University of Minnesota
School of Physics & Astronomy

Academic Calendar

Friday, July 22nd 2016
12:00 pm:
Thesis Defense in PAN 110
Speaker: Adam Peterson, University of Minnesota
Subject: Low energy dynamics of non-perturbative structures in high energy and condensed matter systems
This is the public portion of Mr. Peterson's thesis defense.

This dissertation presents some results on the application of low energy effective field theory vortex dynamics in condensed matter and materials systems. For the first half of the presentation we discuss the possibility of non-Abelian gapless excitations appearing on U(1) vortices in the B phase of superfluid ^3 He. Specifically, we focus on superfluid ^3 He-like systems with an enhanced SO(3)L rotational symmetry allowing for non-Abelian excitations to exist in the gapless spectrum of vortices. We consider a variety of vortices in the B-phase with different levels of symmetry breaking in the vortex core, and show conditions on the phenomenological parameters for certain vortices to be stable in the bulk. We then proceed to develope the low energy effective field theory of the various vortex types and consider the quantization of excitations. The process of quantization leads to interesting surprises due to non-lorentz symmetry that are not typically encountered in the analogous cases of U(1)×SU(N) gauge models discussed in high energy theory.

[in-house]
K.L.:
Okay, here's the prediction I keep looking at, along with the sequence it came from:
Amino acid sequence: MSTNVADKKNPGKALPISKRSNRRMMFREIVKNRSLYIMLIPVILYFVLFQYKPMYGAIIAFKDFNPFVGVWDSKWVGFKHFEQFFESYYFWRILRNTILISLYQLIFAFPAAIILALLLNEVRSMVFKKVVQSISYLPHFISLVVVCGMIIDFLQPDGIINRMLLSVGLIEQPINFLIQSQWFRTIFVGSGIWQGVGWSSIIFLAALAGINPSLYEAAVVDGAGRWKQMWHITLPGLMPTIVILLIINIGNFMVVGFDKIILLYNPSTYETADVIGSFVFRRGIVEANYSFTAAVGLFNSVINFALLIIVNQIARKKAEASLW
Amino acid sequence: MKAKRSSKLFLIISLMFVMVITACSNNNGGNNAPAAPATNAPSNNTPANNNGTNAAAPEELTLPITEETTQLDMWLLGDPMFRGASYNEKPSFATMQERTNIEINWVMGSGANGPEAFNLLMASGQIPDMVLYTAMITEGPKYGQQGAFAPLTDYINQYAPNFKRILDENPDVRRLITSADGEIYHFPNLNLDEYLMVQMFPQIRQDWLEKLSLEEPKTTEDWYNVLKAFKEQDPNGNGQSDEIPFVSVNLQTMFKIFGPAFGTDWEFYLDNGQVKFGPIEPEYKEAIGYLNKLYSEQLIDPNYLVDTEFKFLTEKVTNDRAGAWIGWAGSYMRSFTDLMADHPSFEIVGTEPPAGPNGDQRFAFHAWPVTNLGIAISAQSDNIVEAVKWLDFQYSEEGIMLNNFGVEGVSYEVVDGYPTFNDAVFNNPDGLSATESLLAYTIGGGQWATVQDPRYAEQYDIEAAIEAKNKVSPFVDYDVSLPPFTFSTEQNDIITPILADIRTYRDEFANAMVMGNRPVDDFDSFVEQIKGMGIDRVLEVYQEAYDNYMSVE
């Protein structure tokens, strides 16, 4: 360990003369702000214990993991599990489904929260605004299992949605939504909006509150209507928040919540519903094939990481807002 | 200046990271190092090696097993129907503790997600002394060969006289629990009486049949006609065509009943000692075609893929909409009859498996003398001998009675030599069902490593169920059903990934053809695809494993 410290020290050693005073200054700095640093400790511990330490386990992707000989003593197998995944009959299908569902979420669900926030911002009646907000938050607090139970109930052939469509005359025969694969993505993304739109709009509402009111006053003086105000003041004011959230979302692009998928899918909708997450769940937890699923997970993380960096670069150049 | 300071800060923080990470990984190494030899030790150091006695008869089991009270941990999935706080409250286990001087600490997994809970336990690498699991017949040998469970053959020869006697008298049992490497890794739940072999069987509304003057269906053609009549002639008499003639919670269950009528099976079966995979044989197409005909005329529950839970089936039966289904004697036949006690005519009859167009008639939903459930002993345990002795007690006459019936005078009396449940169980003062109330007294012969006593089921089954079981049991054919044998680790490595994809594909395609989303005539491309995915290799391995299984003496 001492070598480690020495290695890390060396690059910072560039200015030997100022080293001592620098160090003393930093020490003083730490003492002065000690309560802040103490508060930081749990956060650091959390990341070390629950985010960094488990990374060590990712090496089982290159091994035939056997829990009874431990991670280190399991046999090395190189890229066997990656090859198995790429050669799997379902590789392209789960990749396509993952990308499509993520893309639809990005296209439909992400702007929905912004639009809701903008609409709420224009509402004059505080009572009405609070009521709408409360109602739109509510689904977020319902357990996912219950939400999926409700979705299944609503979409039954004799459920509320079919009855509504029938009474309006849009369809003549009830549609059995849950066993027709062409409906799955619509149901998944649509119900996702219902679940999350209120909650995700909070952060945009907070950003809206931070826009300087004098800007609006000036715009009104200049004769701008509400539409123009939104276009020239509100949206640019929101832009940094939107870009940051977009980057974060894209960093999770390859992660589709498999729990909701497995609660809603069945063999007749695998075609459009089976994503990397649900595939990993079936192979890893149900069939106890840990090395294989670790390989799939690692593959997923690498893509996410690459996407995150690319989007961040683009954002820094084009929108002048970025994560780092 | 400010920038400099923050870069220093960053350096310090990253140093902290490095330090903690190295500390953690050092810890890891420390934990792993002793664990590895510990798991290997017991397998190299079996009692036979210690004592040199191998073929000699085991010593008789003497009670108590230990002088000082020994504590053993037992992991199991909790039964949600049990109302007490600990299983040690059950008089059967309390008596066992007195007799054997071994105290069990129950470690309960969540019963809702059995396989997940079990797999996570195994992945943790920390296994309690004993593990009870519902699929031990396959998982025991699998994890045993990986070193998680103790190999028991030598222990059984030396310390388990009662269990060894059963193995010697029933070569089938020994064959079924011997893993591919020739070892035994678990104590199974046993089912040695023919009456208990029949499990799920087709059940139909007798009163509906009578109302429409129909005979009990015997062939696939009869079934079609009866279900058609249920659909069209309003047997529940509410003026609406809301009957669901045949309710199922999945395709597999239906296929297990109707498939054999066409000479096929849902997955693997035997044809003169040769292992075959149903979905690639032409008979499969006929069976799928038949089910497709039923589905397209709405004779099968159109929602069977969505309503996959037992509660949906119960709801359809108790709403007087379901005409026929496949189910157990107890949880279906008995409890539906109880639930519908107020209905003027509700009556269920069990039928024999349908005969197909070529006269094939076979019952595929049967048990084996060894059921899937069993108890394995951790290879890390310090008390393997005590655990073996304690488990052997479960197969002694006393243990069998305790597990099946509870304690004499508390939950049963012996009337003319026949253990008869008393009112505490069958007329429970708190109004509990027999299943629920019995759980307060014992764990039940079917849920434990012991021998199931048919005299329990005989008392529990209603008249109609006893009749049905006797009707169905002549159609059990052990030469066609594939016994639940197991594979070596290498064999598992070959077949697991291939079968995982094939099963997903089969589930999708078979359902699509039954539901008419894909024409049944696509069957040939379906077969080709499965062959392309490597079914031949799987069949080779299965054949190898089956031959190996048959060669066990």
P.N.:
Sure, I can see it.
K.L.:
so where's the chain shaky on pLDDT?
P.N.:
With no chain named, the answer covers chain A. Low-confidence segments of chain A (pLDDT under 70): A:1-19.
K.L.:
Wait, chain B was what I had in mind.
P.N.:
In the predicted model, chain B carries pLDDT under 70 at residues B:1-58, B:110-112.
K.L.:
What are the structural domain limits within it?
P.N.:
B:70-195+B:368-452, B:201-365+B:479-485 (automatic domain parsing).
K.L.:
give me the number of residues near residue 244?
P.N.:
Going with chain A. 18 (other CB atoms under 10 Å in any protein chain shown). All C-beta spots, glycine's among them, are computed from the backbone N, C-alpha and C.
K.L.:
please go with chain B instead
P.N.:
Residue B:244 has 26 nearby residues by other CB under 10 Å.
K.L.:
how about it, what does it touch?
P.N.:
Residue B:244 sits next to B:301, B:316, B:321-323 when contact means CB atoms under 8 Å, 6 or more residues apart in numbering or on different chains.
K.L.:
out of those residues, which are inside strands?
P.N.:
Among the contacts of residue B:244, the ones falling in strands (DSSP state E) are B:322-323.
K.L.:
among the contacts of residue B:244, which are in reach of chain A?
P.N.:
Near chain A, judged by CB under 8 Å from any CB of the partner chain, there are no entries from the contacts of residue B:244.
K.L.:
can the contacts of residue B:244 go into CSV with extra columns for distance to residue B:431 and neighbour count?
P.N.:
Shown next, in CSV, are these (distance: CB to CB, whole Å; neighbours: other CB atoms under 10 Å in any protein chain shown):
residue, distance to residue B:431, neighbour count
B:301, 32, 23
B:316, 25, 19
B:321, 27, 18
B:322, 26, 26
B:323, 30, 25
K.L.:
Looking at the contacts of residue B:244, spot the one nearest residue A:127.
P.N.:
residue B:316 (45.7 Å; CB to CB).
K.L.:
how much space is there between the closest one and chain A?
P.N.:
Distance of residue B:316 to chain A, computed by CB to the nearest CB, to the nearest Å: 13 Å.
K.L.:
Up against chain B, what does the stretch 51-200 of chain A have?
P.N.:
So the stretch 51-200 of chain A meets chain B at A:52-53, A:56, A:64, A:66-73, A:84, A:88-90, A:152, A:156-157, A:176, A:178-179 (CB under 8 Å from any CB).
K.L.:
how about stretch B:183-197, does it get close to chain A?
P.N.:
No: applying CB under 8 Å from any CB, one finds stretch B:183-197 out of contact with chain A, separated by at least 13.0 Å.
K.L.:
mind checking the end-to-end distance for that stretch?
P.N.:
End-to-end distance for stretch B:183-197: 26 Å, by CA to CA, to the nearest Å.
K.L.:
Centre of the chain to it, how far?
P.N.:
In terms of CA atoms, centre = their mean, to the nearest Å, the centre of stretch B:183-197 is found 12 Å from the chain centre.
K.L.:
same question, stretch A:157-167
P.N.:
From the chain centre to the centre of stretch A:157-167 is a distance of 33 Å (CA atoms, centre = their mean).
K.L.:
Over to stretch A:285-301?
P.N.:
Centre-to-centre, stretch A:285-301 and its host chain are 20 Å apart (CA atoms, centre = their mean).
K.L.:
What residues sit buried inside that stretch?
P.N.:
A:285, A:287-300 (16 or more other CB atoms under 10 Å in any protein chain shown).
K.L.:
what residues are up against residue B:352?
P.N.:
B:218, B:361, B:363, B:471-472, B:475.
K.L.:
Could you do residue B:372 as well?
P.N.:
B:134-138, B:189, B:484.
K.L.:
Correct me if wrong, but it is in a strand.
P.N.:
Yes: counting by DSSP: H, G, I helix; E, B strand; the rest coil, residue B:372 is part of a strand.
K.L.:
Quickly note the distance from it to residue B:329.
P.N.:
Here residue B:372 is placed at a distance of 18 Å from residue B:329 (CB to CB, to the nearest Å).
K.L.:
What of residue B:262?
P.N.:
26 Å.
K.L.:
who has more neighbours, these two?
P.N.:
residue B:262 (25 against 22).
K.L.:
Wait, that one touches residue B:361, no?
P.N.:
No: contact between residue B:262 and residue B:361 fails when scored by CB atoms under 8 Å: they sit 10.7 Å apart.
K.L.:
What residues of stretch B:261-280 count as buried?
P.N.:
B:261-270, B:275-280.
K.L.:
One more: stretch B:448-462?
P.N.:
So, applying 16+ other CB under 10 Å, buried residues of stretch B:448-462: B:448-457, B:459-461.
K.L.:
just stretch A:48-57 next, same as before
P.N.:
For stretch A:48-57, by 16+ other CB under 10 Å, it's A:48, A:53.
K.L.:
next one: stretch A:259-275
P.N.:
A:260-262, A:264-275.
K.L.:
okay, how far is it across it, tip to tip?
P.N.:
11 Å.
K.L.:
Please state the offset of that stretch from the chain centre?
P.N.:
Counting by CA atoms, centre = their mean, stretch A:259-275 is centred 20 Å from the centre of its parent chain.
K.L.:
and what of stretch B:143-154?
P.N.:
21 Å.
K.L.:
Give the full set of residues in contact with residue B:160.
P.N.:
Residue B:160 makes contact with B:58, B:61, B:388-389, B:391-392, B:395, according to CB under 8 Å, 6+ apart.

The second half of this dissertation focuses on two types of vortices that appear in a particular model that is a modification of the well known Abelian-Higgs model. The specific modification includes a vector spin field in addition to the U(1) Higgs field and gauge fields of the original model. The particular form of the lagrangian results in a cholesteric vacuum structure, with interesting consequences for the vortices in the model. We observe the effects of such a modification on the well known U(1) vortex appearing in the original model due to the emergent spin field in the vortex core. We also consider a new type of vortex that is most closely related to a spin vortex. This vortex appears due to the topology introduced by the new spin field. The low energy effective field theory is also investigated for this type of vortex.

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